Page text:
No, Twitter didn’t revoke Recep Tayyip Erdogan’s ‘verified’ check mark


An image of Turkish Prime Minister Tayyip Erdogan on a twitter account is pictured through a magnifying glass in this illustration picture taken in Istanbul March 21, 2014. (REUTERS/Murad Sezer)

Rumors have begun circulating online that Twitter may have removed Turkish Prime Minister Recep Tayyip Erdogan's verification — a blue badge that appears on user accounts to indicate they've been authenticated by the service as a real person. (For the uninitiated, Twitter verification is typically reserved for celebrities and other high-profile individuals to distinguish them from fan-made or fake accounts.)

It would be a delicious irony if Twitter had intervened to strip Erdogan of this special status. Too bad it never happened.

You can, in fact, have your blue check mark revoked if you violate Twitter's rules or terms of service. Under those conditions, you can't impersonate somebody else, post people's sensitive personal information or facilitate illegal activity, among other things.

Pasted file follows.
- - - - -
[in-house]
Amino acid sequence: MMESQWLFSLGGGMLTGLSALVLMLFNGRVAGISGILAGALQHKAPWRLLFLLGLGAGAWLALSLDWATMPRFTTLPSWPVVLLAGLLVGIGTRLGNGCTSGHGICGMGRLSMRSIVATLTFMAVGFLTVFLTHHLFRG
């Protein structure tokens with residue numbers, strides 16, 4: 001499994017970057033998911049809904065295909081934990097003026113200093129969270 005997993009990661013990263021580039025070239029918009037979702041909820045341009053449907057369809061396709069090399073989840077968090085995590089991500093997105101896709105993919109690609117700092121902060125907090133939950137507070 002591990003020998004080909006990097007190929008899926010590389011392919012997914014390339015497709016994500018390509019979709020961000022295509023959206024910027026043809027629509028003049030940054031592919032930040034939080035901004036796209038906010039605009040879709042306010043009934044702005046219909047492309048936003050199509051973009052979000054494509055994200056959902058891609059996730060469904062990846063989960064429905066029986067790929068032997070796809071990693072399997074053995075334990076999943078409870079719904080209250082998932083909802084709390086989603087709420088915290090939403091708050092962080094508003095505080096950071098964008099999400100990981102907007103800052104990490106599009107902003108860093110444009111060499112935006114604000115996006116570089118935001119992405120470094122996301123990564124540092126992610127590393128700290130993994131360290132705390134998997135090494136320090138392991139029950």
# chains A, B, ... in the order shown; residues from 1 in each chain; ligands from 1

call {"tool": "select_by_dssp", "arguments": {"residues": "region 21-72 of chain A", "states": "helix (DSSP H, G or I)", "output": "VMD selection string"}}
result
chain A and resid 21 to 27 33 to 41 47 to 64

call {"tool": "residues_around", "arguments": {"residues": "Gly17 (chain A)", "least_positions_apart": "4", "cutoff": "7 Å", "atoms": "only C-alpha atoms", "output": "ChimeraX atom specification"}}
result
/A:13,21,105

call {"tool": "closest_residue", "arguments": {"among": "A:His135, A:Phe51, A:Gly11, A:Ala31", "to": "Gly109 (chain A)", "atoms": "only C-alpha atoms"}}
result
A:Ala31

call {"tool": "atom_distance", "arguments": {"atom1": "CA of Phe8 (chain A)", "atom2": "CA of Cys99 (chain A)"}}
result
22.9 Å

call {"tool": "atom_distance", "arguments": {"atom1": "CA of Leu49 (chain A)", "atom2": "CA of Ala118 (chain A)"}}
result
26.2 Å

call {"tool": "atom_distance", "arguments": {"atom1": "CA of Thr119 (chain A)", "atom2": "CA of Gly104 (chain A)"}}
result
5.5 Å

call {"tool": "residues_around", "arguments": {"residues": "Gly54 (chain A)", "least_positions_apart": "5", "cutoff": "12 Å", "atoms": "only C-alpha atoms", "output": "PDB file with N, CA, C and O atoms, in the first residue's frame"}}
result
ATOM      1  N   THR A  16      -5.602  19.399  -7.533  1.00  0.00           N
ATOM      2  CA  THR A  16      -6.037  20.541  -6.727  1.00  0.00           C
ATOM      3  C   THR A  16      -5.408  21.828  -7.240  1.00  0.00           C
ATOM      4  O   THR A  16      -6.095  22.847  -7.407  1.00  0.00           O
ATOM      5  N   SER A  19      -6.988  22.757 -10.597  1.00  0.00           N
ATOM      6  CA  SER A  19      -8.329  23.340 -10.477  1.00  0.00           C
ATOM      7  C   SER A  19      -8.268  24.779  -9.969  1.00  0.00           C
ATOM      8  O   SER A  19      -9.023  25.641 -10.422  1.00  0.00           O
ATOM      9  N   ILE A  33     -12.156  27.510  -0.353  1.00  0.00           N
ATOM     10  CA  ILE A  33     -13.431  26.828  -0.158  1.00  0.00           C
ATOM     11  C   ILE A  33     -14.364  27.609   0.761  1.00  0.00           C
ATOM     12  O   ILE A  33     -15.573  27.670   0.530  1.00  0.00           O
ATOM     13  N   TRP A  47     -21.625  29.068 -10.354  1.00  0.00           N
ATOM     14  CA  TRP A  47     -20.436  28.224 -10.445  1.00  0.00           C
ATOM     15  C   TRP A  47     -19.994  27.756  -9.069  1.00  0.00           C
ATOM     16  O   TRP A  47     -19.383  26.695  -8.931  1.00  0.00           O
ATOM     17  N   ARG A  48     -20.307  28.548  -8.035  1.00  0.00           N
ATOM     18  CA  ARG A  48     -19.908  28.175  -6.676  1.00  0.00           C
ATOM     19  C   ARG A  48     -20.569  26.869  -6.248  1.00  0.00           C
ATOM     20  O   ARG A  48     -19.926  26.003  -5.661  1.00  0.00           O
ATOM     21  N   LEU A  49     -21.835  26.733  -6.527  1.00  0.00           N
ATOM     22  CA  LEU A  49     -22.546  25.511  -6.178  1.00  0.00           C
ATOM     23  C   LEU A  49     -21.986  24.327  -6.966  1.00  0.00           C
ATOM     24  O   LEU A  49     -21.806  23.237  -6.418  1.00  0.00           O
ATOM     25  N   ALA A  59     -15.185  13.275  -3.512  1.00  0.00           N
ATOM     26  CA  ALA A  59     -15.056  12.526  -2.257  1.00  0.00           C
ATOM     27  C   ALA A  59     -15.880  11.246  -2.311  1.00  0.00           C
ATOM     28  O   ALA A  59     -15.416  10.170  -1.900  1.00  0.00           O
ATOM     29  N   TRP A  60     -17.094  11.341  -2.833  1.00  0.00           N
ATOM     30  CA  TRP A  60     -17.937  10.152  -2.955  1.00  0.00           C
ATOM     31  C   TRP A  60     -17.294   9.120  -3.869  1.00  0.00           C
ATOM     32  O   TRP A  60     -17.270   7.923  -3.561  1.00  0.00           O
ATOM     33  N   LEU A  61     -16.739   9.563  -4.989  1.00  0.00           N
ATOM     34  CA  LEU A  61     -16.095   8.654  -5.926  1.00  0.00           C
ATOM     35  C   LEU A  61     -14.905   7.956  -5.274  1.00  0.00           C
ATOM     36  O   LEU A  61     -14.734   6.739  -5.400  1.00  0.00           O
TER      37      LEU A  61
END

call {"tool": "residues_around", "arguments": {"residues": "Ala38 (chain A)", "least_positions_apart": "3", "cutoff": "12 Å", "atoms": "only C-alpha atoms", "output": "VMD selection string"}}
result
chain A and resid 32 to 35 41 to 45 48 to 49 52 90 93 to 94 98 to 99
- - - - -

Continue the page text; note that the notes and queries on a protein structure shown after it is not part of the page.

It's not clear whether banning your citizens from using Twitter constitutes illegal activity. But in any case, Erdogan wasn't de-verified, because he was never verified by Twitter in the first place. Here's his account today:


(Twitter)

And here's a tweet from his account as of last September:


(Twitter)

Notice that there's no blue check mark on either image. Besides, notes University of North Carolina assistant professor Zeynep Tufekci, Erdogan's account appears to be state-run: It doesn't contain any tweets written by Erdogan himself. Which, incidentally, probably helps explain why Erdogan found it so easy to quit the service.

Brian Fung covers technology for The Washington Post.
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